Abstract | April 6, 2022

Anchoring on Ketoacidosis in the presence of the Unforeseen Thyroid Storm

Presenting Author: Vanessa Nwaiwu, BS, Medical Student, Magnolia Regional Health Center, Corinth, MS

Coauthors: Victor Hugo Camba, D.O., M.Ed., M.S., Internal Medicine Resident PGY 1, Department of Medicine, Magnolia Regional Health Center, Corinth, Mississippi; Conor Haas, DO, Internal Medicine, PGY 1. Magnolia Regional Health Center, Corinth, MS; Vanessa Nwaiwu, BS, Medical Student, Magnolia Regional Health Center, Corinth, MS; John Preece, DO, Assicuate Program Director, Internal Medicine, Magnolia Regional Health Center, Corinth, MS

Learning Objectives

  1. TSH and T4 levels should not be overlooked in patients presenting with diabetic ketoacidosis. Early suspicion of concomitant thyroid storm in the setting of DKA would lead to expedited treatment and improved survival.

Both thyroid storm and DKA are critical sequelae of typically benign underlying conditions when there is medical compliance and appropriate follow-up with healthcare providers. However, these conditions often involve precipitating events that spark the onset of both a thyroid storm and DKA.

We report an obscure/unusual presentation of a thyroid storm in a 31-year-old African-American female with a past medical history of insulin-dependent diabetes who presented with abdominal pain, high fever, tachycardia, and elevated glucose. She had been experiencing nausea, vomiting, abdominal pain, fever, and chills in the 24 hours prior to presentation. Physical exam findings were positive for CVA tenderness on the right flank. In this patient, it is easy to isolate pyelonephritis as the precipitating condition that initiated the primary physiologic stress response. Presumably, her acute illness of pyelonephritis was the first event that ultimately led to her status of DKA. Compensatory mechanisms to DKA from a subsequent cascade of cortisol and catecholamine release, combined with the rapid underlying metabolic shift that occurred in this patient likely served as the inciting factors to send her into a thyroid storm.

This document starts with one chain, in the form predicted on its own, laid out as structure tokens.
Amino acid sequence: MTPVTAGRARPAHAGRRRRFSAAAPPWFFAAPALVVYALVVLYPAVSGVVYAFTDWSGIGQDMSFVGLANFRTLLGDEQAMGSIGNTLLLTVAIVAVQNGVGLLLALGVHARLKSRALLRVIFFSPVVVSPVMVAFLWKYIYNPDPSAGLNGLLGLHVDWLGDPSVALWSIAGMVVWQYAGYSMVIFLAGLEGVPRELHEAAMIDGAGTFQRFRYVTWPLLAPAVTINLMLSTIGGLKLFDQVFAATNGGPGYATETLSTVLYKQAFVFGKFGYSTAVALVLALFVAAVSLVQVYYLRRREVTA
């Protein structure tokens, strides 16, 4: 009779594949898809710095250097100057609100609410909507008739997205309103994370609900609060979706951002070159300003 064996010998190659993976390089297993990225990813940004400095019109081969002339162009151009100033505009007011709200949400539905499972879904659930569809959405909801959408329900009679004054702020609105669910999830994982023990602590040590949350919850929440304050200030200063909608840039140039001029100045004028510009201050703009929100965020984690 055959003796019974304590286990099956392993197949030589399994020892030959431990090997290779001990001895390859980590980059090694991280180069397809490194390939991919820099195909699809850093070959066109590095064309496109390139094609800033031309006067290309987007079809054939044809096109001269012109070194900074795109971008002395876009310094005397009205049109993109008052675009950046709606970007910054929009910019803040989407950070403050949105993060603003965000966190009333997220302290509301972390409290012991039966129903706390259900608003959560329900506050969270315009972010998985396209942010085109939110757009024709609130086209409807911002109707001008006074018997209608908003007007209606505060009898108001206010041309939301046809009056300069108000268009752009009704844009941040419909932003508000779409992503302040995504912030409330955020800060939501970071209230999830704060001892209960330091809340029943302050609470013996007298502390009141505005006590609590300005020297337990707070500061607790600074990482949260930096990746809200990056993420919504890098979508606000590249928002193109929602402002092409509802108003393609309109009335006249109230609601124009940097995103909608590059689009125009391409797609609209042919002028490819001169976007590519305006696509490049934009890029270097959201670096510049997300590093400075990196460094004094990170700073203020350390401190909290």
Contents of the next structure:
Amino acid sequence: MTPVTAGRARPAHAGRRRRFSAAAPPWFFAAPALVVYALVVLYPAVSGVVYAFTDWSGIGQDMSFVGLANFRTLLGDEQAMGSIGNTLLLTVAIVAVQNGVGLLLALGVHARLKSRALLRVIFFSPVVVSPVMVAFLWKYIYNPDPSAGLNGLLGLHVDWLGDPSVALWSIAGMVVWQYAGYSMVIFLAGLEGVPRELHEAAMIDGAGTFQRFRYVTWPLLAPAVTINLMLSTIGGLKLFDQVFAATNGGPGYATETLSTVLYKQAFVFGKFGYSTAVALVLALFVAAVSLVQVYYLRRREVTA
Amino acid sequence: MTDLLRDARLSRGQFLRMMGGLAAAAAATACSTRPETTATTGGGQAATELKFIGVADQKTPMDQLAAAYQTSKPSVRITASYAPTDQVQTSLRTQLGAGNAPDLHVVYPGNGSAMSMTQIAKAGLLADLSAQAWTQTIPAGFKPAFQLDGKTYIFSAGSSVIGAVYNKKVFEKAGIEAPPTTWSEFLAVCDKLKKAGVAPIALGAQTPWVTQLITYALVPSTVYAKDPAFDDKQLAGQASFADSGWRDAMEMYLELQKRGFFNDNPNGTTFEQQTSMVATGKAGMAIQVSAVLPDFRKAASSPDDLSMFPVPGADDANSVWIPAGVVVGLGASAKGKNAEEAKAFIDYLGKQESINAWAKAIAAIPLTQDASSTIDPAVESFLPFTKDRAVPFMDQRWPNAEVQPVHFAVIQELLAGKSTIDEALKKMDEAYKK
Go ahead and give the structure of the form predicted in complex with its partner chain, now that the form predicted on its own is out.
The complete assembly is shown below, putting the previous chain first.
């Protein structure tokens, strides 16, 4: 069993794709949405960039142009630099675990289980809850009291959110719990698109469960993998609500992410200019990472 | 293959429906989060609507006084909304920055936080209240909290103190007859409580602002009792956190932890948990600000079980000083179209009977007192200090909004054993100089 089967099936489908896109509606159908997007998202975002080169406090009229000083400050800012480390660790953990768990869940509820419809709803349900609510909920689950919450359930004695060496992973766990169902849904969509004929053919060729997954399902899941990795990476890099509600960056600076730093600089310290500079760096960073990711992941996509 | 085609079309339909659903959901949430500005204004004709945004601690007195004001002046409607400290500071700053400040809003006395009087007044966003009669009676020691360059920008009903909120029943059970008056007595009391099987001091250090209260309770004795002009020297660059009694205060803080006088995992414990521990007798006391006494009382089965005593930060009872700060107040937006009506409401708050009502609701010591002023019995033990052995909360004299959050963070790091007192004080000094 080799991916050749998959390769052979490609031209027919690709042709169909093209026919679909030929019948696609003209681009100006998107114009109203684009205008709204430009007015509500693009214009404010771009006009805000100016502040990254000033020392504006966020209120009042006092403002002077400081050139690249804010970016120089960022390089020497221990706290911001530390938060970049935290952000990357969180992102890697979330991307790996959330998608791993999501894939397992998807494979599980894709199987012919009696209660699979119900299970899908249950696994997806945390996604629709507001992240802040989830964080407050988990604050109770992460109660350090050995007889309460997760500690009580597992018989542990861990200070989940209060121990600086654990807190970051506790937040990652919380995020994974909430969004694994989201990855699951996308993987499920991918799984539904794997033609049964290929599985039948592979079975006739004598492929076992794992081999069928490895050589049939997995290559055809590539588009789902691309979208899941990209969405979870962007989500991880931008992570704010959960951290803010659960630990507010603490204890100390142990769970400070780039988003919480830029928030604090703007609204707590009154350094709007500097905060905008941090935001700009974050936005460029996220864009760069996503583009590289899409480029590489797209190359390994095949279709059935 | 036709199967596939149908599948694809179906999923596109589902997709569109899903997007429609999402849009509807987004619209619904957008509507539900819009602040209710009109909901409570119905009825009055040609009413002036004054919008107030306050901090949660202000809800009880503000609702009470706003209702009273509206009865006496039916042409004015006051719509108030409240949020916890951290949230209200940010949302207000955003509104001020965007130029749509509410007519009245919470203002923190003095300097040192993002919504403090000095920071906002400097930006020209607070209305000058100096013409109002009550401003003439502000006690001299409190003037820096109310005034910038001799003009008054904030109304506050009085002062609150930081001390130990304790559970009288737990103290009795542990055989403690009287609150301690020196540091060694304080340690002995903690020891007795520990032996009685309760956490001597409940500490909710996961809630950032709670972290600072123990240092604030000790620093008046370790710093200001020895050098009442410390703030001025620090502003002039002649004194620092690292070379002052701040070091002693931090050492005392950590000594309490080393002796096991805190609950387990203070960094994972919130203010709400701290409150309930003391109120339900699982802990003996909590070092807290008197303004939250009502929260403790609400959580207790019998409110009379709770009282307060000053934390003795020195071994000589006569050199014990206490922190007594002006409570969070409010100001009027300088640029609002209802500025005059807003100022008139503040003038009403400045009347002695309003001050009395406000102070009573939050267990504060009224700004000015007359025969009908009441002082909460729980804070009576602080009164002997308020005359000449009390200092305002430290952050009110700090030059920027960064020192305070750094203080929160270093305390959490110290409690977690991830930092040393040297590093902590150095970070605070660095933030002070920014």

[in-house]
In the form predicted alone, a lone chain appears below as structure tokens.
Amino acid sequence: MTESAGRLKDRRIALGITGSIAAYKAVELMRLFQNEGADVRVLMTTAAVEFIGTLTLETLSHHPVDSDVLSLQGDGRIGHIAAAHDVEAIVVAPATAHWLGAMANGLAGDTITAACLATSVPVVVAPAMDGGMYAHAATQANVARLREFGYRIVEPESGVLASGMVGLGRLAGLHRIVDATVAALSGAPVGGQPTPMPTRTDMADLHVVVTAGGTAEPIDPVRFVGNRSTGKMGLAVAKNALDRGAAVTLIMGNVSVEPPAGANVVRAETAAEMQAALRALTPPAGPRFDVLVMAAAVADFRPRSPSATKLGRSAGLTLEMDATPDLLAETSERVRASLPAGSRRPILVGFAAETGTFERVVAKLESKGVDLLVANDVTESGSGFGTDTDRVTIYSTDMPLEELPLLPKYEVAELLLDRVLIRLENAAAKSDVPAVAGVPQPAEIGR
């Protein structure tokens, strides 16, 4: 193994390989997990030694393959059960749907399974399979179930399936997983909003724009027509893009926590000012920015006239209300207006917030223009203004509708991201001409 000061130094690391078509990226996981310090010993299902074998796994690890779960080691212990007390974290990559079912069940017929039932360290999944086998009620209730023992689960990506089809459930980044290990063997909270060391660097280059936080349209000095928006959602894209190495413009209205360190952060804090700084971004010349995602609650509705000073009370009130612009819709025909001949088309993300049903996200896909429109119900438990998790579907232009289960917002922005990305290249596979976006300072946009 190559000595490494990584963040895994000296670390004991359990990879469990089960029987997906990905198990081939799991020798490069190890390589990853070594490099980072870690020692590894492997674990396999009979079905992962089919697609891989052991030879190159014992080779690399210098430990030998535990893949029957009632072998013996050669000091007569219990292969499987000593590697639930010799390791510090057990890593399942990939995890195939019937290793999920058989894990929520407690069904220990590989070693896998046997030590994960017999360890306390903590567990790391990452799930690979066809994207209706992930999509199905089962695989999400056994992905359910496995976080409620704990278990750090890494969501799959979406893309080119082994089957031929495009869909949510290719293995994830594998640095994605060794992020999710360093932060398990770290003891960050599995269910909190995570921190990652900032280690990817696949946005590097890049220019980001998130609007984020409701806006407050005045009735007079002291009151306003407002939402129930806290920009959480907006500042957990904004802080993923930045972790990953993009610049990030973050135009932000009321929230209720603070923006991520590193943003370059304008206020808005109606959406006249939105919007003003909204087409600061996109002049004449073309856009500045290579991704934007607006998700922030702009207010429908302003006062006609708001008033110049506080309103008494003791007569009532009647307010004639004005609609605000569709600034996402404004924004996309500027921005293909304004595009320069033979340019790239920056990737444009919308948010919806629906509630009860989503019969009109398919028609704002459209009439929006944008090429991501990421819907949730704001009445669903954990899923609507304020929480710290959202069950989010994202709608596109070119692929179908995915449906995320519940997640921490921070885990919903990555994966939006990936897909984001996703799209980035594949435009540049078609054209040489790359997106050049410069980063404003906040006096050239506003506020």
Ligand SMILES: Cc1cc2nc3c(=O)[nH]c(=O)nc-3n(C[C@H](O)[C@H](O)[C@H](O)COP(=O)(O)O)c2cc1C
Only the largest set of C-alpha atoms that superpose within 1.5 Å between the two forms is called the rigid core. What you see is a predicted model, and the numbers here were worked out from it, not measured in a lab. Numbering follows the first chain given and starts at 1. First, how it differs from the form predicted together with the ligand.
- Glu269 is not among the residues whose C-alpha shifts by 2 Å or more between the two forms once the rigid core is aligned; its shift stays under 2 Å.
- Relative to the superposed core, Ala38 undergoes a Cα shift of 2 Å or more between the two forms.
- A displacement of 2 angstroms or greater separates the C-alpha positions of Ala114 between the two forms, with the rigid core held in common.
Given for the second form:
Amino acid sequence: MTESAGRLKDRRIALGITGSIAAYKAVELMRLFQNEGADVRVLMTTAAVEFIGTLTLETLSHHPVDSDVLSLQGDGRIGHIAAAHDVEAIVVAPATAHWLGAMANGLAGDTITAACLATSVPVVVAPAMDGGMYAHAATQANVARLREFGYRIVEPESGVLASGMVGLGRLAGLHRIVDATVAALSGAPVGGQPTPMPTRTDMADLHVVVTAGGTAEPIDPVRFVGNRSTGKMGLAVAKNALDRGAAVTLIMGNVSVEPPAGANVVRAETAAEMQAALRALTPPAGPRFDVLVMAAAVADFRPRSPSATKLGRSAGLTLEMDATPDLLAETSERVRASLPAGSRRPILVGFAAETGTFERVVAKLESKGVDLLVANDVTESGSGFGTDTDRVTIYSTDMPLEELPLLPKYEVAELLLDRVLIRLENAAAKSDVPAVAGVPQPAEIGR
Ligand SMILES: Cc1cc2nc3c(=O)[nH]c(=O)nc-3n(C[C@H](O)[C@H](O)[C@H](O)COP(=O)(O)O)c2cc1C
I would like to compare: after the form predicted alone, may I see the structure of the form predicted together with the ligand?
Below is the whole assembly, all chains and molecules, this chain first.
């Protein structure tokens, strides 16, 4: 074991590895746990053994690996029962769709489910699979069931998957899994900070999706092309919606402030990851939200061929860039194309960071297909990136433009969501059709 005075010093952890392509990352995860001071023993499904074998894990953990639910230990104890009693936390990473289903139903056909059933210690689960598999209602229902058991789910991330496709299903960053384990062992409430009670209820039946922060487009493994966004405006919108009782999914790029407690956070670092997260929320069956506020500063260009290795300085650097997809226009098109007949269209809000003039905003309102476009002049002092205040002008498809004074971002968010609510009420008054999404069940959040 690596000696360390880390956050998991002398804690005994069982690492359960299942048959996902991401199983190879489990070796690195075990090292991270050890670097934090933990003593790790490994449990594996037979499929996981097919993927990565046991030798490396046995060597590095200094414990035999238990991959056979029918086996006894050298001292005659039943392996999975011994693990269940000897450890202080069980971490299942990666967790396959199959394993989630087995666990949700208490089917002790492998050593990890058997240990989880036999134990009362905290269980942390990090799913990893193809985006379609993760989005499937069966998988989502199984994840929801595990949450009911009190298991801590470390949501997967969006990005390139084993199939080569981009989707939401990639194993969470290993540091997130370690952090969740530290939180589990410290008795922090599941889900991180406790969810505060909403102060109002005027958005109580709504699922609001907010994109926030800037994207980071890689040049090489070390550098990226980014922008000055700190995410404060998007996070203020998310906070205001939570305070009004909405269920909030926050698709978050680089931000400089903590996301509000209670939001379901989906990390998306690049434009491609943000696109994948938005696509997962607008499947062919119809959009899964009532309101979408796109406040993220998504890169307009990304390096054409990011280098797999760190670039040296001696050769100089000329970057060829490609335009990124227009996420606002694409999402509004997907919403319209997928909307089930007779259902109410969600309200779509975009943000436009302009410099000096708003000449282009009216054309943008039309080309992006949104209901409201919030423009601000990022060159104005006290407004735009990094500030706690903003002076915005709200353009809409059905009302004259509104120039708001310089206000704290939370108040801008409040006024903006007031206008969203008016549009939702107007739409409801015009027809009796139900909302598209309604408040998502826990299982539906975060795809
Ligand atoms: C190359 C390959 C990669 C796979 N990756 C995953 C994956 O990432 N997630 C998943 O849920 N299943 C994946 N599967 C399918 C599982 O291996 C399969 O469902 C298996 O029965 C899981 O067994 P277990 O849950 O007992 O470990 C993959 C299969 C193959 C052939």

The patient’s thyroid storm was successfully treated with beta blockers, methimazole, propylthiouracil, hydrocortisone, and potassium iodide. TSH and T4 levels should not be overlooked in patients presenting with diabetic ketoacidosis. Early suspicion of concomitant thyroid storm in the setting of DKA would lead to expedited treatment and improved survival.

Posted in: Endocrinology, Diabetes, and Metabolism12